"Everybody's usually very nice," he said. "They have very nice feedback. They say, 'Great car!' A lot of them use profanity." He's heard a lot less in the way of negative feedback recently, so it seemed.
From vehicle genesis to series production, there were some hiccups. Listening to Youabian explain the hurdles, from unexpected costs to matters of publicity, it became easier to understand the Puma's slow-selling fate.
"Everything is hand-built – a lot of man hours," he said. "When I first started the project, I didn't think it would take so long to build. That's why, unfortunately, I've had to price it so high. I was hoping to price it lower, where it would be more affordable. Because it's so time-consuming to hand-build them, I've had to make it very expensive. ... I would have loved to open a dealership, but I haven't been able to sell as many cars to be able to do that." Production of the Puma is local, in Los Angeles.
The auto show introduction in Los Angeles generated enough hype that Youabian built three additional Pumas for customers in China, Japan, and the Middle East. Its near-$ 1 million price made the Puma inaccessible to most potential customers, although Youabian said that out-the-door prices have ranged from $750,000 to 900,000. But still, two years after the Puma's introduction, Youabian has only sold three cars (the fourth, the show car and one you see here, is for sale).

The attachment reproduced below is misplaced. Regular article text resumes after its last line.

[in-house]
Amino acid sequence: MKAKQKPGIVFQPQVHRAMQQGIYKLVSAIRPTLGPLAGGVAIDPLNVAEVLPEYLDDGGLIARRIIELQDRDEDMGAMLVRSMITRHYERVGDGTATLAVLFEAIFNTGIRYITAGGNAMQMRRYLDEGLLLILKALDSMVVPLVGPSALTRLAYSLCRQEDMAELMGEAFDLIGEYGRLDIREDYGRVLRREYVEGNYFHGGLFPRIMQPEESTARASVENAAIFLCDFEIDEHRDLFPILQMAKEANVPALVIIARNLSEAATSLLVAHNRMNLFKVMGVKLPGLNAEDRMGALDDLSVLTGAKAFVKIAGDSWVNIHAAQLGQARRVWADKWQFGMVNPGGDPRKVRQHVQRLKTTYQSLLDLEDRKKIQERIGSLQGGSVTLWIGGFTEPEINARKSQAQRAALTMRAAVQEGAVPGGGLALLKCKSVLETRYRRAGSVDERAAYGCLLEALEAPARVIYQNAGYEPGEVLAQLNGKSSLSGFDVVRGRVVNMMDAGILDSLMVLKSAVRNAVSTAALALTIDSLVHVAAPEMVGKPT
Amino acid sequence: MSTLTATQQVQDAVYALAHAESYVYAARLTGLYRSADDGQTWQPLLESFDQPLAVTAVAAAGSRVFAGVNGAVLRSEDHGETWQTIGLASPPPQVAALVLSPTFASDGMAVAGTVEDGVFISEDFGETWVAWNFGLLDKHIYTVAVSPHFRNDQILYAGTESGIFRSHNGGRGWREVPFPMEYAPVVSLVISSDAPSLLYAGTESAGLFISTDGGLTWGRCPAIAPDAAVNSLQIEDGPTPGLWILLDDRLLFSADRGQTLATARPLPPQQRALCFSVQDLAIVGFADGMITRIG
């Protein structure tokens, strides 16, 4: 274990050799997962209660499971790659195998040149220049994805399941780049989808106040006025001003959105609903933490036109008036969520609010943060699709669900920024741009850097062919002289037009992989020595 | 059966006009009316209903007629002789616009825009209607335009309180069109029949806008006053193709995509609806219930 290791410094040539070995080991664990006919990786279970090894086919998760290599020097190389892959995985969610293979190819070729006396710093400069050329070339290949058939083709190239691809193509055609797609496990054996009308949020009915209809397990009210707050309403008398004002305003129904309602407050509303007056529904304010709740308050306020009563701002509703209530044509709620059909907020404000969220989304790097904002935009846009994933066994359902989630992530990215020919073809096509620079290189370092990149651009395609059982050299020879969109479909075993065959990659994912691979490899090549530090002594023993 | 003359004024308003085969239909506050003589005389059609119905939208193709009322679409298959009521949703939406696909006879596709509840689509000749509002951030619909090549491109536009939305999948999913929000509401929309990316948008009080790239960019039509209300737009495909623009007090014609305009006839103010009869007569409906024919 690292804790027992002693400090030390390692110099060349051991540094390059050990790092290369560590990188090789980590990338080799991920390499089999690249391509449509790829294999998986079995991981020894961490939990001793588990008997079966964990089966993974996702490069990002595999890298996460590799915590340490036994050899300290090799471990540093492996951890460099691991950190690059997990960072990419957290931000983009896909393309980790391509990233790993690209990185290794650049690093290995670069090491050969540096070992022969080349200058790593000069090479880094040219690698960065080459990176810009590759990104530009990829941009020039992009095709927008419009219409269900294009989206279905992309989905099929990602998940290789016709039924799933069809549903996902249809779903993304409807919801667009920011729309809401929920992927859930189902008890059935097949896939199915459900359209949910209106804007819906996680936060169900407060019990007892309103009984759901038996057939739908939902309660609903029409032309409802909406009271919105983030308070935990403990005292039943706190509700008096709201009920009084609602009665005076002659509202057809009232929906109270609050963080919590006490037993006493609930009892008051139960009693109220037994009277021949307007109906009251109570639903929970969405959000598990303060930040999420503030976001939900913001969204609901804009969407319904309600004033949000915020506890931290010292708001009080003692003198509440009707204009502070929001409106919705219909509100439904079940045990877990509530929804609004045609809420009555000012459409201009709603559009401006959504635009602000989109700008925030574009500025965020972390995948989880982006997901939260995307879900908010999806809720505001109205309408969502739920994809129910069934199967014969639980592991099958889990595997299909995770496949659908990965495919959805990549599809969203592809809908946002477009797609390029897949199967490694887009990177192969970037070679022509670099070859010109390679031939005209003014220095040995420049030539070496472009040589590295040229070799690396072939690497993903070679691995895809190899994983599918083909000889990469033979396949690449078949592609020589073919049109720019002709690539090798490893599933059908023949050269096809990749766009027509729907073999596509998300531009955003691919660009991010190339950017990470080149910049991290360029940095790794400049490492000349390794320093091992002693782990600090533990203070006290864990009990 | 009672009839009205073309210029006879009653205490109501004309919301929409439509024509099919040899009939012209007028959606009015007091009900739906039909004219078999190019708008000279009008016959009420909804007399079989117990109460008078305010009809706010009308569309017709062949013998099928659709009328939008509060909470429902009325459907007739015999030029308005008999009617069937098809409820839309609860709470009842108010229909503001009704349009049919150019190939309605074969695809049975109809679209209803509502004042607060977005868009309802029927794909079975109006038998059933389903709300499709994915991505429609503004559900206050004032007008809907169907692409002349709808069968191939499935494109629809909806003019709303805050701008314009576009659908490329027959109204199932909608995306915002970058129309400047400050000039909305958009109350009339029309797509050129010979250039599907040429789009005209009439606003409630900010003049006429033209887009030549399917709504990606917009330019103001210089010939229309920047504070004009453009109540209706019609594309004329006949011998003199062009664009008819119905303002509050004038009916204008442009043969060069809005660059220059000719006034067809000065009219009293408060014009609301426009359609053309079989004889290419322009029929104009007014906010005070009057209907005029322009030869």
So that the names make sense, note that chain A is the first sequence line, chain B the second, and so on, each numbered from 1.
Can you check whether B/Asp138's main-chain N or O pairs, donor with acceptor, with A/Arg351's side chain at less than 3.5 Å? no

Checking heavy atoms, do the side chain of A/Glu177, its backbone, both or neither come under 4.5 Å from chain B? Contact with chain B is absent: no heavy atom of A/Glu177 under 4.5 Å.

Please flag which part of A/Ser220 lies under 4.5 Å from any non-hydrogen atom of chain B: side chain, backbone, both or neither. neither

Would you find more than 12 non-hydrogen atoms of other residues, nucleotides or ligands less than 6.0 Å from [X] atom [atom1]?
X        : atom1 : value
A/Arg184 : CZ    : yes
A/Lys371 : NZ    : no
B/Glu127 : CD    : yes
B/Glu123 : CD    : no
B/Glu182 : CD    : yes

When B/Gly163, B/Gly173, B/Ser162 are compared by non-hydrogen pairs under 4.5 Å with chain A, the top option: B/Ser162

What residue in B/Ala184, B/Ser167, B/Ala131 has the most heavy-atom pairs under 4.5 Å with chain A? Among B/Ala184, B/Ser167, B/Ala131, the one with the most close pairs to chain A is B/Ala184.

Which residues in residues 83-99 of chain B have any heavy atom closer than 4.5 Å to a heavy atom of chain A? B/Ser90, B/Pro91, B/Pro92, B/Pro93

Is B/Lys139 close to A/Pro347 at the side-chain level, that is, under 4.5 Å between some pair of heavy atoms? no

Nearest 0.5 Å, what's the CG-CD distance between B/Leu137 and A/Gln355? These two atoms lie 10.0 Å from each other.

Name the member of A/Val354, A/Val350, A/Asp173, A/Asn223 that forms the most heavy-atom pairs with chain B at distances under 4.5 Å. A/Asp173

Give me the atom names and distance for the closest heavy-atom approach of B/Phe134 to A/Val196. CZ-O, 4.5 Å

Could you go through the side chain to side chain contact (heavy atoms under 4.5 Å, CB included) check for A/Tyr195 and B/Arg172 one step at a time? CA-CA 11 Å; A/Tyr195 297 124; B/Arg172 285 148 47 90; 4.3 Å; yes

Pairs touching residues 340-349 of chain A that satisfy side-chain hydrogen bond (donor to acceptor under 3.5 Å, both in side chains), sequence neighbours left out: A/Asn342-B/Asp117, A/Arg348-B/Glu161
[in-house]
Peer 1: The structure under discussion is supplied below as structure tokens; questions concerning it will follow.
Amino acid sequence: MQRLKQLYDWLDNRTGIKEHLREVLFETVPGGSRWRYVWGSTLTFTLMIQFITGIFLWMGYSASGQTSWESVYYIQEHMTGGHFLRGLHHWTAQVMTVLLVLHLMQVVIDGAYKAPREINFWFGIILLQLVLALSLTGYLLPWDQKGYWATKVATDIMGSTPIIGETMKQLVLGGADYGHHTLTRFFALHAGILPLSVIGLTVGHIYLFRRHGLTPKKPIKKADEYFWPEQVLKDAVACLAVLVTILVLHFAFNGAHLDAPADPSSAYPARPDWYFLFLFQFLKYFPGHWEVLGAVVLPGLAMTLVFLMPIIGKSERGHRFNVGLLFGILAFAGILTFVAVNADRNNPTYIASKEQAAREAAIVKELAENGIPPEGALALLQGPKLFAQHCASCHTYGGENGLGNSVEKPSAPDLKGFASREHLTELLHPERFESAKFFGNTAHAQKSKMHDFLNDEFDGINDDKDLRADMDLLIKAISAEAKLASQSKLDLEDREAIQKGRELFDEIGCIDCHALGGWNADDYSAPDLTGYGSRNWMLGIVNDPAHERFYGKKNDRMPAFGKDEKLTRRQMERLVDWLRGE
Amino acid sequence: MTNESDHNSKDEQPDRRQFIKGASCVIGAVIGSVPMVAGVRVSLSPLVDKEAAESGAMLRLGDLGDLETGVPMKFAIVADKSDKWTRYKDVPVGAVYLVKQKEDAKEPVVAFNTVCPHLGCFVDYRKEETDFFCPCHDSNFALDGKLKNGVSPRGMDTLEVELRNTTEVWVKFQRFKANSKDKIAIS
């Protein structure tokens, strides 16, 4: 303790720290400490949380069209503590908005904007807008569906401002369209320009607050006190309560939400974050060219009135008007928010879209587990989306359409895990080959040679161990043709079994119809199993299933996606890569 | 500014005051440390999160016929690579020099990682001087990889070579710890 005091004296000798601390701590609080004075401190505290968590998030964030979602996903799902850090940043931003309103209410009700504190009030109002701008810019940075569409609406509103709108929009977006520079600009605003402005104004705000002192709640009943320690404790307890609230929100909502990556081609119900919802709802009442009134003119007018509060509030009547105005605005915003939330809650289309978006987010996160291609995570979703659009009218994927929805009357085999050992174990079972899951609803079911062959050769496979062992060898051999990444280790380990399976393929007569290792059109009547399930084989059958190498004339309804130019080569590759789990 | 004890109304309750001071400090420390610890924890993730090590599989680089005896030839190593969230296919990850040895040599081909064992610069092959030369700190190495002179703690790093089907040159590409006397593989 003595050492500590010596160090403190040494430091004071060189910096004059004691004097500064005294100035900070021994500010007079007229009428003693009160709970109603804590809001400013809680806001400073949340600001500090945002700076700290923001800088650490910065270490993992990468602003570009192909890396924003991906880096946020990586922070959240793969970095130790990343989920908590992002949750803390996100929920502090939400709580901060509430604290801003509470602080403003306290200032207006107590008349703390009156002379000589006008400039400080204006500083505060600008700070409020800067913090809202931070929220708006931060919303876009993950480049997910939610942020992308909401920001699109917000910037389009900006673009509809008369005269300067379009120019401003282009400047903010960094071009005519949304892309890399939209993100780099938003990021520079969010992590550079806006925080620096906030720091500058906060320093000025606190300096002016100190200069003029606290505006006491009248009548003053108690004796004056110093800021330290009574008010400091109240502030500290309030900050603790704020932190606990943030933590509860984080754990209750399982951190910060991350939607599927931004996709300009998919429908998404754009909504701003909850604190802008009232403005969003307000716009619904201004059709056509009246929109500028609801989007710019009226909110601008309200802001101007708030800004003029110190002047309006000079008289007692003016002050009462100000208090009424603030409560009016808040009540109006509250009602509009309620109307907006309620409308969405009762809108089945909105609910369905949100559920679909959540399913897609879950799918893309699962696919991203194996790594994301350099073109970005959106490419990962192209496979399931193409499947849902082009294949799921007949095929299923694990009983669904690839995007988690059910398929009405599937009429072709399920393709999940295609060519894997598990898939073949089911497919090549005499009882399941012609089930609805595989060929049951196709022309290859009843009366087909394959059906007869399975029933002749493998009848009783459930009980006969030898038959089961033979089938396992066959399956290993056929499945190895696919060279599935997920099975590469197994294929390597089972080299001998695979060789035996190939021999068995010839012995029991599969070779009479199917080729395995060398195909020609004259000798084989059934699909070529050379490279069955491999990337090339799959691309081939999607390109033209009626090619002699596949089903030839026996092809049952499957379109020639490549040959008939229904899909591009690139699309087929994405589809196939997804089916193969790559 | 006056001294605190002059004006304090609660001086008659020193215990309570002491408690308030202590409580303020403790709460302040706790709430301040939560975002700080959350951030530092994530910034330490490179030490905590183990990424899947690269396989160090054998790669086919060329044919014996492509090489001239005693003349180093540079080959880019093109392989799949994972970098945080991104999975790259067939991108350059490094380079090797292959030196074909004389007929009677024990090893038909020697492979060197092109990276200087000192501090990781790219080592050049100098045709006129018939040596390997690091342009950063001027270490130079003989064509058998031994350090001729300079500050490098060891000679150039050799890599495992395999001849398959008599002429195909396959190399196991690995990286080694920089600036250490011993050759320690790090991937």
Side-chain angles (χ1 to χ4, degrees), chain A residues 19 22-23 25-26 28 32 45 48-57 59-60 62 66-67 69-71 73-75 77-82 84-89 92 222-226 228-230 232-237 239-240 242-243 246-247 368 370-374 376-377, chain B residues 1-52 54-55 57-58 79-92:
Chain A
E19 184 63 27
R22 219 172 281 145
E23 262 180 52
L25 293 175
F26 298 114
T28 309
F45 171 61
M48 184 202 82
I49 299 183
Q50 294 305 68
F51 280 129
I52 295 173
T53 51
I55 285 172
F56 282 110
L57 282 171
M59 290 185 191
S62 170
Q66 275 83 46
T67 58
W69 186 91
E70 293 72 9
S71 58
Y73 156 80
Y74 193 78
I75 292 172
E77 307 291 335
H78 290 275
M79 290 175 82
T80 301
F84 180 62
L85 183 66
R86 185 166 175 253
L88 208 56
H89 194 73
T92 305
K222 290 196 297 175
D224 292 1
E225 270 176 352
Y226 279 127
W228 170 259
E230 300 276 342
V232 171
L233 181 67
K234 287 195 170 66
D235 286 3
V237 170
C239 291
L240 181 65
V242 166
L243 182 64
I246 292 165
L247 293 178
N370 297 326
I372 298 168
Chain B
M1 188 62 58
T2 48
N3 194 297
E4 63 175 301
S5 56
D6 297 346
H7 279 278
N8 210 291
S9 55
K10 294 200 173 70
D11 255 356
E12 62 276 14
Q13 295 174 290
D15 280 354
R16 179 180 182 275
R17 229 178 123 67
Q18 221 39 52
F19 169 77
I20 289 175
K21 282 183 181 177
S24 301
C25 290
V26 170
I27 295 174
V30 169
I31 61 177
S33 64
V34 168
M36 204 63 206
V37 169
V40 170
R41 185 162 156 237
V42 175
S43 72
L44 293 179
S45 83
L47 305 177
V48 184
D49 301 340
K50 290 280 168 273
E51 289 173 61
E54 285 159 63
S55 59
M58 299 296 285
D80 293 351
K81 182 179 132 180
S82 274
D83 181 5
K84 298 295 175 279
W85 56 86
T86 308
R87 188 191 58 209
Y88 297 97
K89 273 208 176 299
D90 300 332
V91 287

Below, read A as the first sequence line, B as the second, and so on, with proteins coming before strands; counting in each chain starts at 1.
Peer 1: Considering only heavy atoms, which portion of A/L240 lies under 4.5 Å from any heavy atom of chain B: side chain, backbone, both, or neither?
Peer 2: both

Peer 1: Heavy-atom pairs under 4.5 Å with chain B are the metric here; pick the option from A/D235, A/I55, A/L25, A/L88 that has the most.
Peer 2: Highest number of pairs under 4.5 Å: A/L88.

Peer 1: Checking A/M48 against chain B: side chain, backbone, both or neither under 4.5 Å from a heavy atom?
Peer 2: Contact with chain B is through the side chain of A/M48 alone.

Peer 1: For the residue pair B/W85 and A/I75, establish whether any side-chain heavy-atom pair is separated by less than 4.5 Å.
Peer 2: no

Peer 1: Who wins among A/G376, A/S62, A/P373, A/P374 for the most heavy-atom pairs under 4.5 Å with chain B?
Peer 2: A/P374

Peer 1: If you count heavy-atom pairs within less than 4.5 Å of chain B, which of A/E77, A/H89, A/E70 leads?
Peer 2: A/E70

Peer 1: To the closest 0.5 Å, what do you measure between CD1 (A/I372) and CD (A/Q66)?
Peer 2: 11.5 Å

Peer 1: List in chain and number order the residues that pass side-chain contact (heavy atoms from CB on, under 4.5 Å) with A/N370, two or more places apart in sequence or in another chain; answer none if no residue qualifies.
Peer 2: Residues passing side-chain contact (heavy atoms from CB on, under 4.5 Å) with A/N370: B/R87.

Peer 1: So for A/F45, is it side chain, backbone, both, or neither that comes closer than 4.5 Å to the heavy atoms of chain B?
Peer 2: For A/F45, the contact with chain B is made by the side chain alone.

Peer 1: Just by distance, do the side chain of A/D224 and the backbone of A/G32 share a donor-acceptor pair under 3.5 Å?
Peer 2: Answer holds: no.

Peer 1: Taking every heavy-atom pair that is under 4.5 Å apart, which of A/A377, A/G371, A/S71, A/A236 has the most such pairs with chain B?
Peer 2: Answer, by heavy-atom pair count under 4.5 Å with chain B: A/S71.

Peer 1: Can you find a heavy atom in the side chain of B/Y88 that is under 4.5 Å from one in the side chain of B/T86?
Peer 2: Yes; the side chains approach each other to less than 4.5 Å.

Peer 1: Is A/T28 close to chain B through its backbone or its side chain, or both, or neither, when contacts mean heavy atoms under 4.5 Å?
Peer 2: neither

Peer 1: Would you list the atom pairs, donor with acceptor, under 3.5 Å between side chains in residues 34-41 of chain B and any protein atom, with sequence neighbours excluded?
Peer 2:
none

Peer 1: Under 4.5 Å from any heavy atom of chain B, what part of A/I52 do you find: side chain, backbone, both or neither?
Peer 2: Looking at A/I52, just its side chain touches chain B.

Youabian originally wanted to use the V10 from a Dodge Viper.
Those who did buy a Puma now own a rather extraordinary and rare vehicle. Its headlights come from a Volvo C70. Its taillights are from a Buick Enclave. Its engine is a 505-horsepower General Motors LS7 V8, the same one used in the last-generation Chevrolet Corvette Z06. (Youabian originally wanted to use the V10 from a Dodge Viper.) The Puma's transmission is related to the one found in the Cadillac Escalade. It's rear-wheel drive, although Youabian said that it can be configured as a true 4x4.
And it's a hardtop convertible. "At the time when I started this project, the Volvo C70 was the only hardtop four-seater convertible," he said. "It took me so long to get this car finished that, by then, there were plenty of other four-seater hardtop convertibles out there," but the C70 remains the donor car for the interior compartment. To make up for the added space of the folding hardtop, also sourced from the C70, Youabian installed a secondary trunk behind the space where the roof folds.